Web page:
Suppose you want to know if a statement A is true or false. You should ask the islander "would someone from your village say that A is true?" If the answer is yes, then you know, no matter whether the islander is a liar or a truther that A is true, but if they answer no, you know that A must be false. This relies on the double negation that will happen when a liar talks about their village.

So, you could ask the captain a question like "would someone from your village say that this is the ferry to the mainland?"

## Monday, May 7, 2012

### on the island of liars and truthers

I've been looking at logic puzzles over the last couple of days - my favorites are the ones that involve the Island of Liars and Truthers.  These logic puzzles are particularly appealing because they can be thought of as variations and elaborations of the famous liar paradox, known and loved by all.

I've come across these in various places - there are quite a few examples of these on the Internet, but if you just google "liars and truthers" you get lots of hits pertaining to conspiracies, so you have to go one further and google "liars and truthers logic puzzle" or "island of liars and truthers" to find them. I didn't find the ones below in my recent searches (although you might find them ... I didn't search too hard, after getting caught up reading about the melting point of steel, etc.) - they are adapted by memory from other sources that I can't recall - they are not original and variations on them are probably pretty common.

### The Island of Liars and Truthers

#### Preamble

Imagine that you are visiting an island on which there are only two kinds of people (other than yourself): truthers, who always tell the truth, and liars, who always lie. There are two villages - one where all the truthers live, and another where all the liars live. Although they live in separate villages, liars and truthers frequently roam about the island together and generally get along just fine. Talking to islanders is a bit difficult because they all observe the peculiar custom of not answering more than one question in a conversation and generally don't elaborate on any statements they make. Another interesting feature of these islanders is that although outsiders can't distinguish between truthers and liars by how they look, liars and truthers can always tell each other apart.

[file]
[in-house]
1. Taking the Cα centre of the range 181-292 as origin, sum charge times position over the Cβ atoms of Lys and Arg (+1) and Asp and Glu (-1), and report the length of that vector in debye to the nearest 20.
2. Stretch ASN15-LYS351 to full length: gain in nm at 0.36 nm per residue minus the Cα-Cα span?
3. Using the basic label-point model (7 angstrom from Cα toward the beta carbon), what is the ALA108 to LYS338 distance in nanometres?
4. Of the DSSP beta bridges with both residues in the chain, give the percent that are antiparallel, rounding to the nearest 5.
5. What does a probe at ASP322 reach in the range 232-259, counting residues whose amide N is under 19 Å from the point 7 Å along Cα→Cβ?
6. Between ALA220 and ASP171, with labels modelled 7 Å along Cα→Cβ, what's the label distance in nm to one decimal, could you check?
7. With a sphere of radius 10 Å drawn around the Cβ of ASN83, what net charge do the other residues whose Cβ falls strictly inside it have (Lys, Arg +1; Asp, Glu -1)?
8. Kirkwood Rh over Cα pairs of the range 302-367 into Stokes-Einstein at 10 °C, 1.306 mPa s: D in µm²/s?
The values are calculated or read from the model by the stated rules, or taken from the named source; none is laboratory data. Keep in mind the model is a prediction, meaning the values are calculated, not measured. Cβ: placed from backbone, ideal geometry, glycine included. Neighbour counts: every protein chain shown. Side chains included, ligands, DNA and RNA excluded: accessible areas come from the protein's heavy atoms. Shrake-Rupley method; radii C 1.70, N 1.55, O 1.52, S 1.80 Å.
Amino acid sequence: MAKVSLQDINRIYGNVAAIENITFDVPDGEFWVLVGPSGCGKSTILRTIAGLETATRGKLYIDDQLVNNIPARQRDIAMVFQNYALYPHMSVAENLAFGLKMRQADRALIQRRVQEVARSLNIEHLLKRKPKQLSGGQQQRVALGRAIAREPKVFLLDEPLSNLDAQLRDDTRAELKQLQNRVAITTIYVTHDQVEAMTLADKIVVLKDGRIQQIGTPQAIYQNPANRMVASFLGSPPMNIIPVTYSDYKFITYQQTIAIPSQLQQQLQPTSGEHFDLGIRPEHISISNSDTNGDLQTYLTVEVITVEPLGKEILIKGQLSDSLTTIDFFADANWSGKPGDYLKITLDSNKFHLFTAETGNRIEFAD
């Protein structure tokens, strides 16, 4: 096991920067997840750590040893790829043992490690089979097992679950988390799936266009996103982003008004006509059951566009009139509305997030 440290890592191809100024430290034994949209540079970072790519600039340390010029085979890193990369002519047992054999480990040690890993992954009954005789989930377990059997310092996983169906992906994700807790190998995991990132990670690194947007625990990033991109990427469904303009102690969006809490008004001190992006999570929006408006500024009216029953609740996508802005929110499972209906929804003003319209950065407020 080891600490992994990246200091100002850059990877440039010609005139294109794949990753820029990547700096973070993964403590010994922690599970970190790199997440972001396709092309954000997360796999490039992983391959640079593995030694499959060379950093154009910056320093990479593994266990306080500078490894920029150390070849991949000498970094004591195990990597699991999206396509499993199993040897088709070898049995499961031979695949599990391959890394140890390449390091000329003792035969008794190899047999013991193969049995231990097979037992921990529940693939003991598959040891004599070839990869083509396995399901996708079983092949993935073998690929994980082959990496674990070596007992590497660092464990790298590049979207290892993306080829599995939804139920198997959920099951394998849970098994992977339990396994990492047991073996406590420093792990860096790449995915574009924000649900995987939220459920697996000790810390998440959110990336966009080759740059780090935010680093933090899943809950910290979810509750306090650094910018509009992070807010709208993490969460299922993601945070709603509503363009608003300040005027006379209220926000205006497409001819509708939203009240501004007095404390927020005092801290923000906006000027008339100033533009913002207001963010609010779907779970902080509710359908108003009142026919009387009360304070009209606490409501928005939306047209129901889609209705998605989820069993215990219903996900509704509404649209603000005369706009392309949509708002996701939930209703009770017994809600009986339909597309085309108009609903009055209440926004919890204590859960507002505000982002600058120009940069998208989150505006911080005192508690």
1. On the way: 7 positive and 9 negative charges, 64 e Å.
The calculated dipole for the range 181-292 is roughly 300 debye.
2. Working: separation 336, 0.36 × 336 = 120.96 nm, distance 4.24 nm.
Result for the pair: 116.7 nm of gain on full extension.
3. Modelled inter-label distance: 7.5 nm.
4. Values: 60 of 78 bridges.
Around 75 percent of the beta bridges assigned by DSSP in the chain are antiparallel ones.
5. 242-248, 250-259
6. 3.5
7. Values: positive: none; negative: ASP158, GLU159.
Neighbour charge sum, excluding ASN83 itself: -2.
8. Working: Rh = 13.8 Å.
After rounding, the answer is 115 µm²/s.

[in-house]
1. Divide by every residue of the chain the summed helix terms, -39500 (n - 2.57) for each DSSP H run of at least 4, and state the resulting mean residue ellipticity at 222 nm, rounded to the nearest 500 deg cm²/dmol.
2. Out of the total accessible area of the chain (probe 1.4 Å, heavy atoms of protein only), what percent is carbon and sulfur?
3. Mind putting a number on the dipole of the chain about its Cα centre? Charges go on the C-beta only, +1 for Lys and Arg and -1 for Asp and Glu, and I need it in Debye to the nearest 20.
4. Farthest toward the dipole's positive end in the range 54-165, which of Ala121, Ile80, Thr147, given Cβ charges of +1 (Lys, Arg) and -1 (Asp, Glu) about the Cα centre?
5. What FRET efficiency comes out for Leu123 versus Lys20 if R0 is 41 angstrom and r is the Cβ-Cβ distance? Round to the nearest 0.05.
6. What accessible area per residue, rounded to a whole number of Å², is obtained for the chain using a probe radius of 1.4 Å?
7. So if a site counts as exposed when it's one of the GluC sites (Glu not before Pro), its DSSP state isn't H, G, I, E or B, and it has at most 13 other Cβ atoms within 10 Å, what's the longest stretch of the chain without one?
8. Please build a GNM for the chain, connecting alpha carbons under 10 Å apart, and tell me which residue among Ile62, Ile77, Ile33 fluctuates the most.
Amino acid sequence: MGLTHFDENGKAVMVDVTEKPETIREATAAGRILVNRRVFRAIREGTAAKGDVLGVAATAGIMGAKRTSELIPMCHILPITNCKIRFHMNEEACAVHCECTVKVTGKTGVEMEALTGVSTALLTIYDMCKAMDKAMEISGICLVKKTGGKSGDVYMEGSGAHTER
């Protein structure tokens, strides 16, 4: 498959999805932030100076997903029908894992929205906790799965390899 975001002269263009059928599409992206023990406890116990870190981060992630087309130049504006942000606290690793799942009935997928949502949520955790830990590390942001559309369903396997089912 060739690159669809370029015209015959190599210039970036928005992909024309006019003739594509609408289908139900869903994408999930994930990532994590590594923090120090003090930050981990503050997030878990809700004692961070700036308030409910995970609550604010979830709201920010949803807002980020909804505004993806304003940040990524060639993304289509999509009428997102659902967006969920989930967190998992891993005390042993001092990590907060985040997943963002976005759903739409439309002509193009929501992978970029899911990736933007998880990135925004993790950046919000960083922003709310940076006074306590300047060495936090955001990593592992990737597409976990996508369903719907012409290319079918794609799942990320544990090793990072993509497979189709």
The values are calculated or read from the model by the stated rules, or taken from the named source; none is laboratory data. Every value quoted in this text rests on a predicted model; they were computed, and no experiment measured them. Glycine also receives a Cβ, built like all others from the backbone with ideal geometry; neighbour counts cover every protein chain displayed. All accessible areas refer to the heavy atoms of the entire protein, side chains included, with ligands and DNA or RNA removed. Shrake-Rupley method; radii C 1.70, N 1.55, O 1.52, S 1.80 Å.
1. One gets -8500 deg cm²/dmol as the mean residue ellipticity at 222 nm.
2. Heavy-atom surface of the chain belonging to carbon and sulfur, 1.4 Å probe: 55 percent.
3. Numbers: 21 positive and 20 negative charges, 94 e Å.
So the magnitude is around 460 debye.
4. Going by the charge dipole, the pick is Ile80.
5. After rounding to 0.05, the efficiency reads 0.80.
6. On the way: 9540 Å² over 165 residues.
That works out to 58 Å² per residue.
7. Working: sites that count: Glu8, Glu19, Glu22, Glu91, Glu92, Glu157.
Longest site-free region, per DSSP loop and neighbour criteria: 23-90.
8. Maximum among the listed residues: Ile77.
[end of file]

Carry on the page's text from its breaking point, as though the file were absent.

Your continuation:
#### 1. Going to the Village

You are on the island and see a village on the road ahead of you, and you are not sure whether it is the truther village or the liar village. An islander, who may be a liar or a truther, is standing on the side of the road. What one question do you ask her to find out if the village is the truther village or the liar village?

#### 2. A Bunch of Islanders

Leaving the village, you meet a group of three islanders and want to know whether they are liars or truthers. Alice says "Bob is a liar", Bob says "Carol is a liar" and Carol says "Bob is lying." After that, they don't say anything else. Suppose the group consists of one truther and two liars - who's the truther? Now suppose that the group consists of two truthers and one liar - who would the truthers be? Can this group be all truthers or all liars?

#### 3. Looking for the Ferry

You've decided to leave the island and are trying to find the ferry that will take you back to the mainland. There is a fork in the road that splits off in two directions. Two islanders, Xavier and Yvette, are standing at the fork. Xavier and Yvette are from different villages; you don't know who is from the truther village and who is from the liar village, and Xavier and Yvette won't answer questions about their villages. What question do you ask one of them to find out how to get to the ferry?

#### 4. Leaving the Island

At the ferry you meet Isaac and Jane. Isaac and Jane are either both from the island, or else have both just come off the ferry from the mainland. Isaac says "Jane is a liar" and Jane responds "Isaac is telling the truth." Are Isaac and Jane from the island?

5. Postscript: on the Ferry

It's a slow day, and you are the only passenger on the Ferry: it is just you and the captain. As it pulls out into the harbour you realize that you might have boarded the wrong ferry - is this really the boat that is going to the mainland? You can ask the captain, an islander himself, one question to find out.

Update: some answers here, and some discussion about drawing graphs for problems like #2 here.